MADI SCOTT | REPEAT OFFENDERS
Poor Ernie Diaz.
Goddamn Don Adler.
Gullible Mick Riva.
Clever Rex North.
Brilliant, Kind hearted, Tortured Harry Cameron.
Disappointing Max Girard.
Agreeable Robert Jamison.
These are the seven husbands of Evelyn Hugo.
Taylor Jenkins Reid’s 2017 novel has made a resurgence in 2021. Almost overnight, it became a book that I couldn’t seem to avoid. It was suggested on TikTok, promoted by Instagram book clubs, even close friends kept asking if I had read it yet, and to be completely honest, I really wasn’t that interested in reading it.
There was just something about the cover and the description of the historical fiction novel that didn’t interest me – not that I actually knew anything about it, but I was just certain I didn’t want to join the masses and read historical fiction; it’s just not my go-to genre. But boy, was I wrong.
I’m glad I finally caved and downloaded a sample after talking to a friend. I still didn’t have any idea of what the book was about; I was going in blind. But by the first husband – Ernie Diaz, I was hooked. So hooked that I now look forward to reading her more recent novels which have also been highly recommended: Daisy Jones & The Six and Malibu Rising.
I really think going in with literally zero expectations and any idea of what I was about to read added to my enjoyment, and I would recommend that everyone else do the same. Seriously. Stop reading this article and go buy the book.
The Seven Husbands of Evelyn Hugo starts with the unlikely interview between magazine reporter Monique Grant and the reclusive Hollywood movie icon Evelyn Hugo. Selected to write Evelyn’s biography, Monique is summoned to Evelyn’s luxurious apartment and settles in to hear her story.
What emerges is a story that perfectly encapsulates the old Hollywood glamour starting in the ‘50s and winding up throughout the ‘80s to the present day. As someone who really enjoys the odd Gene Kelly or Audrey Hepburn movie and has been known to fall into a rabbit hole regarding some of the drama and gossip of the era, I really think Reid conjures up the perfect character in Evelyn Hugo. The amount of detail that is woven into the story, with made up movie titles, production studios, and supporting casts, makes you really ponder if it is all make believe. And it wasn’t just me; there are numerous questions from readers asking if the novel was in fact based on reality because it’s hard to comprehend how effortlessly Reid creates a completely fictional world that feels so real.
The novel switches between the past and the present in a seamless way, allowing readers to completely immerse themselves in the life of a glamorous movie star.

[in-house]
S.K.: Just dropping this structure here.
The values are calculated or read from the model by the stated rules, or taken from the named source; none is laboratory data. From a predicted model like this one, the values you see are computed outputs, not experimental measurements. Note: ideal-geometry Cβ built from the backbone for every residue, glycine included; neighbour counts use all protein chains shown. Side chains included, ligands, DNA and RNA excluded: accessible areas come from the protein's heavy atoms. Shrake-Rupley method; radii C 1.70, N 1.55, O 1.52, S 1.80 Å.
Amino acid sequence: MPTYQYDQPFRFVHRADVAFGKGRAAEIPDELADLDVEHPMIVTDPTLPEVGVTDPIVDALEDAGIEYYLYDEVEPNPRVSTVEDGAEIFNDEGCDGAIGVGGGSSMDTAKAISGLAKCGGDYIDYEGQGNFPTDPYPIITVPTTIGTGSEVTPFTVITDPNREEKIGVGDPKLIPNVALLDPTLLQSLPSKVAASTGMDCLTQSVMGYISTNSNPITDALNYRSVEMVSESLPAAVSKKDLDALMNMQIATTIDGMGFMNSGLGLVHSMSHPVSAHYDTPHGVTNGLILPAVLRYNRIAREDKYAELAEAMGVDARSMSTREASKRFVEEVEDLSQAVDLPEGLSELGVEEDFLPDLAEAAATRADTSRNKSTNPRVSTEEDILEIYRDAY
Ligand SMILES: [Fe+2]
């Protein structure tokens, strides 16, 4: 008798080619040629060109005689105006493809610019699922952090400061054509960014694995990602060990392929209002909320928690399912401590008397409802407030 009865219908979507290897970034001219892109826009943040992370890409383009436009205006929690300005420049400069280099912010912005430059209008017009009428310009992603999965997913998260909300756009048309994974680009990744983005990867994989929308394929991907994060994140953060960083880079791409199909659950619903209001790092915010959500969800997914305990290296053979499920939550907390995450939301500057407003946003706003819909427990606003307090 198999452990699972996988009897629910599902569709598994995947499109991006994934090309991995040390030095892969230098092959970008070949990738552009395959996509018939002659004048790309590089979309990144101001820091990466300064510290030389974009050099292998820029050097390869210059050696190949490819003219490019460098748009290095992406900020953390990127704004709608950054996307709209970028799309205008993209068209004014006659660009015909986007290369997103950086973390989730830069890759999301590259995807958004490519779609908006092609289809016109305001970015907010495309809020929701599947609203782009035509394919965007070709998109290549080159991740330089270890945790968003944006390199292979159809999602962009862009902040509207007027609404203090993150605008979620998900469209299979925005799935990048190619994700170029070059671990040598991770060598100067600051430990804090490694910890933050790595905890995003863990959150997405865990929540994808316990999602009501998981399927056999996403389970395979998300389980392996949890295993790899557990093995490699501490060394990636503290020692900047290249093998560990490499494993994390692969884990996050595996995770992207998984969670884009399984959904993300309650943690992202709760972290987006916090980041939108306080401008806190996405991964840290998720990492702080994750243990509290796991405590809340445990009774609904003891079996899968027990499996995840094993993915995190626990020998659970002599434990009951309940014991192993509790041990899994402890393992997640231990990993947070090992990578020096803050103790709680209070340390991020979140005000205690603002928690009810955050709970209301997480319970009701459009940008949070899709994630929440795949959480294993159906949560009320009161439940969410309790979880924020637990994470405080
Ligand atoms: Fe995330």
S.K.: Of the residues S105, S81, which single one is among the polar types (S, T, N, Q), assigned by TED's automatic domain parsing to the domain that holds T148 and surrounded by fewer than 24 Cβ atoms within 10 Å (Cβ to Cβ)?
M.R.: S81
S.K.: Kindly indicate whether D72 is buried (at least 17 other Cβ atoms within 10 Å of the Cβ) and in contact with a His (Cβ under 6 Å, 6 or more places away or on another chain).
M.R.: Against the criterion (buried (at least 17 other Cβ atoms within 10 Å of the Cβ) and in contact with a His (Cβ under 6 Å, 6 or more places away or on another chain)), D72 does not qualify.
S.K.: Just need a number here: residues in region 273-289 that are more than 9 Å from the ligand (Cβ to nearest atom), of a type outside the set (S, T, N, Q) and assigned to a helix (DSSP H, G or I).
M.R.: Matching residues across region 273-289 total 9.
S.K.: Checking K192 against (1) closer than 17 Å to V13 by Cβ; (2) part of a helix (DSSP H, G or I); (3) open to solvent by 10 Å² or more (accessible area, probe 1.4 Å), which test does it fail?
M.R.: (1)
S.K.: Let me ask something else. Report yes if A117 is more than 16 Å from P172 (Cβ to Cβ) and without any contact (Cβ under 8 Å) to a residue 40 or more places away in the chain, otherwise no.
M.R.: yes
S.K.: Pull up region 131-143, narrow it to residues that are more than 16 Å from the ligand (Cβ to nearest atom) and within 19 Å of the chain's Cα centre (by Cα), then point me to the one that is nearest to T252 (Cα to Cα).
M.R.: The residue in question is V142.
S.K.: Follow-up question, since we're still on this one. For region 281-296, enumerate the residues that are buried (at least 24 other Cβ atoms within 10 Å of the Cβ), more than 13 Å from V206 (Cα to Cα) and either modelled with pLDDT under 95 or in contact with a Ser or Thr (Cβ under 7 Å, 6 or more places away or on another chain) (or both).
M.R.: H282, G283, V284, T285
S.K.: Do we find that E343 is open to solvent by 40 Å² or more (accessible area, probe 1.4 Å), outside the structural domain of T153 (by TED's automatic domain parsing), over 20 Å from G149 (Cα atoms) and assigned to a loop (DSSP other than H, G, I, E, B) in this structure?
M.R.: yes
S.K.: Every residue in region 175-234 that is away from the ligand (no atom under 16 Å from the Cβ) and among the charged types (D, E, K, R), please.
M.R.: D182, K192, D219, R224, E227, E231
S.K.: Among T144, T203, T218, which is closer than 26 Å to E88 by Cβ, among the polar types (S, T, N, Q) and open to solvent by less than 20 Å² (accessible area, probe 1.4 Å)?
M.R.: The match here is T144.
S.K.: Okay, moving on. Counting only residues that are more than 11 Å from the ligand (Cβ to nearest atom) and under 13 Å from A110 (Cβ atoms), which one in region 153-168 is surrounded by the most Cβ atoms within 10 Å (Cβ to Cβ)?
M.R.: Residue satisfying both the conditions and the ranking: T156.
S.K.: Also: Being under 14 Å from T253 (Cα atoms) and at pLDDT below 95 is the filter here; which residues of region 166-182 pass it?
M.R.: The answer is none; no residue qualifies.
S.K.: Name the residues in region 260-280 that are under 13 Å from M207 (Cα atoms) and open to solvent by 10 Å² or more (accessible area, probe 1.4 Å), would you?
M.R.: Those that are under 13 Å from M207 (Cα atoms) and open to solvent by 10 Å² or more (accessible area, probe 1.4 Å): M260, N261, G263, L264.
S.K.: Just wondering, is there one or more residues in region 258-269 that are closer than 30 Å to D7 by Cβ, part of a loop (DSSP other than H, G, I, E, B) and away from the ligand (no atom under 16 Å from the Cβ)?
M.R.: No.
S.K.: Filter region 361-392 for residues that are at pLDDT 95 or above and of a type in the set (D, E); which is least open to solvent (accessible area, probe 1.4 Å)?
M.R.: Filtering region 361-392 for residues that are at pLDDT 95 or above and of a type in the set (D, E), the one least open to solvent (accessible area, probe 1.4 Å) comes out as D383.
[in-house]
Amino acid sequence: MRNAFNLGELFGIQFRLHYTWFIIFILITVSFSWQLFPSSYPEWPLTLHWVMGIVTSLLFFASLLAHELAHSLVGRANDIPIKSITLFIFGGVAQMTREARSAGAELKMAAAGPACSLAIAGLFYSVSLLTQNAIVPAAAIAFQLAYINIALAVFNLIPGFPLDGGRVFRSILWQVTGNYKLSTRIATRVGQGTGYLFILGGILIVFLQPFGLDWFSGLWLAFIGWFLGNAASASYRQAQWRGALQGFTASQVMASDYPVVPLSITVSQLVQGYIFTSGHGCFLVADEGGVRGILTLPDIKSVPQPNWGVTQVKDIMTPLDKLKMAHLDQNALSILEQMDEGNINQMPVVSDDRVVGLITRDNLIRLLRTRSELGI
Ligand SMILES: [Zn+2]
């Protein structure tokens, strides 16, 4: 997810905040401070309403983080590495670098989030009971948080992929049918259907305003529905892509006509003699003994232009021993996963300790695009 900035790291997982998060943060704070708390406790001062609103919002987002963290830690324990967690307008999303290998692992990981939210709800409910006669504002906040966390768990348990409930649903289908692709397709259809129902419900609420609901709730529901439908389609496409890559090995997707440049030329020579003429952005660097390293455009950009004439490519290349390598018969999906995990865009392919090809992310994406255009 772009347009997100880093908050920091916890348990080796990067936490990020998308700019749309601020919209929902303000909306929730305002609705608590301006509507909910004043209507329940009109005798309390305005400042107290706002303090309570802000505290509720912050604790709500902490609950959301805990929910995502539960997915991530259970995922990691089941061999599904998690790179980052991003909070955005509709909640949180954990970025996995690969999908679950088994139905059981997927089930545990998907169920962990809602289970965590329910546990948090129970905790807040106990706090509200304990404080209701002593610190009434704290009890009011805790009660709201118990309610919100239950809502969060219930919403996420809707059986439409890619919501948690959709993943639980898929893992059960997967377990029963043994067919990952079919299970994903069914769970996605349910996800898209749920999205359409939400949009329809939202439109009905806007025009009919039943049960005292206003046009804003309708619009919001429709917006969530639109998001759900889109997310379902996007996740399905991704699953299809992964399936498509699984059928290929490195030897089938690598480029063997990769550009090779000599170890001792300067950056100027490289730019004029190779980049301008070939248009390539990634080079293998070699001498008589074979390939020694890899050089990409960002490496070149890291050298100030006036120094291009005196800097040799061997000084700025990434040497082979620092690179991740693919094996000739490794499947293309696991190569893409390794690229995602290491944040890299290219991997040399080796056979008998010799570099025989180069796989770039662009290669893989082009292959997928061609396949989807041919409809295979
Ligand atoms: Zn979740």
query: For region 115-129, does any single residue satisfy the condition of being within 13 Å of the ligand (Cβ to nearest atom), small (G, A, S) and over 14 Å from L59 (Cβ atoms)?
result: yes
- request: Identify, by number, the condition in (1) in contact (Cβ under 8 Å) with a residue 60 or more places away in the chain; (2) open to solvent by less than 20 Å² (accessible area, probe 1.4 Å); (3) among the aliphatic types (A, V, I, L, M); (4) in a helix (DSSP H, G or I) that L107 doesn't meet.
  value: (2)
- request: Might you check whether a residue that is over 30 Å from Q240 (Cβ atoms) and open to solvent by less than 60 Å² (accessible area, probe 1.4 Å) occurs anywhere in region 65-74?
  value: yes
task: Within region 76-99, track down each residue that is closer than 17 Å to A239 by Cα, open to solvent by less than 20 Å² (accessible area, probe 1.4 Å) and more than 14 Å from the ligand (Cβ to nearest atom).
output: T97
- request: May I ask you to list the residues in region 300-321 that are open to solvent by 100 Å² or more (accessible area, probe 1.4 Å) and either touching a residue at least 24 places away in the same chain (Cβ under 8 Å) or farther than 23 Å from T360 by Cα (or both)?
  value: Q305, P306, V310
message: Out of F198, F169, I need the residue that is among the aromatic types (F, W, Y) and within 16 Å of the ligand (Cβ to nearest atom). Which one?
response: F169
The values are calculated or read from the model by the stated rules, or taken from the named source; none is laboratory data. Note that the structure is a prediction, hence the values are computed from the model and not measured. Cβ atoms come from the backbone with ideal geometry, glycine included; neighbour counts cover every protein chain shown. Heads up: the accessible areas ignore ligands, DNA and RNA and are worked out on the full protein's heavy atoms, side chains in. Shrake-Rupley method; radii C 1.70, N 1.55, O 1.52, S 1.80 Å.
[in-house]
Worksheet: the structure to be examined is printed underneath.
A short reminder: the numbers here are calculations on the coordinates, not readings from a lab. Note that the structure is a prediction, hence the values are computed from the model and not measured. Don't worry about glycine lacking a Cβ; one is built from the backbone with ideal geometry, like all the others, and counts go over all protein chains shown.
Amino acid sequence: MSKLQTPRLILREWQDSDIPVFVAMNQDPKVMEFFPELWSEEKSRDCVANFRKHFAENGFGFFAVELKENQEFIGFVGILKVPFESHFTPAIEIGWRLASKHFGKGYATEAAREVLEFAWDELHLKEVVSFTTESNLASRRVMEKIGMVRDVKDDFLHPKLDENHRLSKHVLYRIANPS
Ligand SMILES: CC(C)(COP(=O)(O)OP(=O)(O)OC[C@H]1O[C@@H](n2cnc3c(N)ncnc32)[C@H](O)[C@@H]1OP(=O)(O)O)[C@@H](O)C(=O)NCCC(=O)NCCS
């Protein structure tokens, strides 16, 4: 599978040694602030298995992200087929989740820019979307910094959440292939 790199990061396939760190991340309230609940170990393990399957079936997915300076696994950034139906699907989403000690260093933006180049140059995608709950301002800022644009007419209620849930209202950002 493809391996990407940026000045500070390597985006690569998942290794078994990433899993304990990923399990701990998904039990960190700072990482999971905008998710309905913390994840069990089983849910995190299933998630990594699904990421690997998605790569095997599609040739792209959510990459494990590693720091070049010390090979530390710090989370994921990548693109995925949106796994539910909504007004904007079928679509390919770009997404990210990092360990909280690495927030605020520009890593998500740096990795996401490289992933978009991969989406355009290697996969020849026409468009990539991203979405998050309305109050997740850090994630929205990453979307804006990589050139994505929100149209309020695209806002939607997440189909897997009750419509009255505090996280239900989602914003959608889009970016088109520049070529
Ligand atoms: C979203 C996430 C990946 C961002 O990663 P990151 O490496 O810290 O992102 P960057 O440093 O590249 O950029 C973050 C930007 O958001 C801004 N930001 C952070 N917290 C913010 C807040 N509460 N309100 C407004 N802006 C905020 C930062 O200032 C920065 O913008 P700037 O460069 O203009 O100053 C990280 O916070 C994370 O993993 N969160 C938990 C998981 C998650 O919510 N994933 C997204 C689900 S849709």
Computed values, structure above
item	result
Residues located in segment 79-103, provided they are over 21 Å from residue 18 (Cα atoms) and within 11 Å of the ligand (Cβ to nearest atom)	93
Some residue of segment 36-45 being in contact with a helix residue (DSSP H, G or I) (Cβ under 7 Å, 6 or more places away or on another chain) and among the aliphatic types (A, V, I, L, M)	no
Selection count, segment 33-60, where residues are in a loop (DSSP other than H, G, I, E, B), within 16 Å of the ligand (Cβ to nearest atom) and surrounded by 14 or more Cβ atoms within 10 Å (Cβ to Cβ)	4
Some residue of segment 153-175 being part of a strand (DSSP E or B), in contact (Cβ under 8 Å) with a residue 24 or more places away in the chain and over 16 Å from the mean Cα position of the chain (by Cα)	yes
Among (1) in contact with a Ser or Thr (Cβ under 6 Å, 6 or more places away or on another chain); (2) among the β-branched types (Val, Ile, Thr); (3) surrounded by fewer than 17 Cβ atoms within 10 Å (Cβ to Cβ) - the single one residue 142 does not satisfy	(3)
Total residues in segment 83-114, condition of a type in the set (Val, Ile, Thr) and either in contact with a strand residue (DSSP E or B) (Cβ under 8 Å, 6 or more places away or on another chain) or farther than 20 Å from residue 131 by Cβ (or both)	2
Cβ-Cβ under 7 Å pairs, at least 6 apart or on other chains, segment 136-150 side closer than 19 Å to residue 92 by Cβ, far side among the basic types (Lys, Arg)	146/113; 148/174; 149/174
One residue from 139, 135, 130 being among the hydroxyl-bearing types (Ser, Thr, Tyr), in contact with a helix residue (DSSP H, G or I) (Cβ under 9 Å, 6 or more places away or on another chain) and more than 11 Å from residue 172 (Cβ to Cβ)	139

Even when transported back into reality and following the life of Monique Grant, I was still engrossed. Learning about Evelyn’s life at the same speed as Monique is often tedious, especially with Evelyn’s hints that both you, the reader, and Monique are missing a very large piece of the story. That mystery of trying to piece together the ending with limited amounts of information adds to the suspense of the novel. You know the ending will be surprising, yet you can’t help but keep guessing what the next turn will be.
The Seven Husbands of Evelyn Hugo is full of twists and turns, and no matter how many times I thought I had figured out some part of Evelyn’s life, I was always proven wrong. A biography style book can sound quite dull and slow, yet Evelyn’s life is so full of excitement, heartbreak, and drama that it can be hard not to rush through the story.
Without spoiling too much, because I think the surprises add to the greatness of the novel, the exploration of LGBTQ+ relationships from an old-Hollywood point of view was especially noteworthy. The amount of care and detail Reid put into the intertwining storylines was impossible to miss and added a whole other dimension to the insight into the personal lives of golden cinema’s biggest stars.
Reading a book that you know has a twist ending can often be difficult to enjoy. You read faster and faster whilst conjuring up all these possibilities in your mind, and once you reach that surprise ending, you can often be disappointed. The Seven Husbands of Evelyn Hugo was not like that. Even as the story reached its close, revelation after revelation came out, and with each new piece of information, I was surprised at how well everything clicked into place. The ending was both satisfying and heartbreakingly sad, yet I can’t stop recommending it to friends.
The Seven Husbands of Evelyn Hugo was a refreshing take on the historical fiction genre, exploring facets of fame that aren’t usually touched upon in novels. As someone who doesn’t tend to pick up anything historical in nature, this book has encouraged me to read more genres outside of my comfort zone and has become one of my favourites reads of 2021.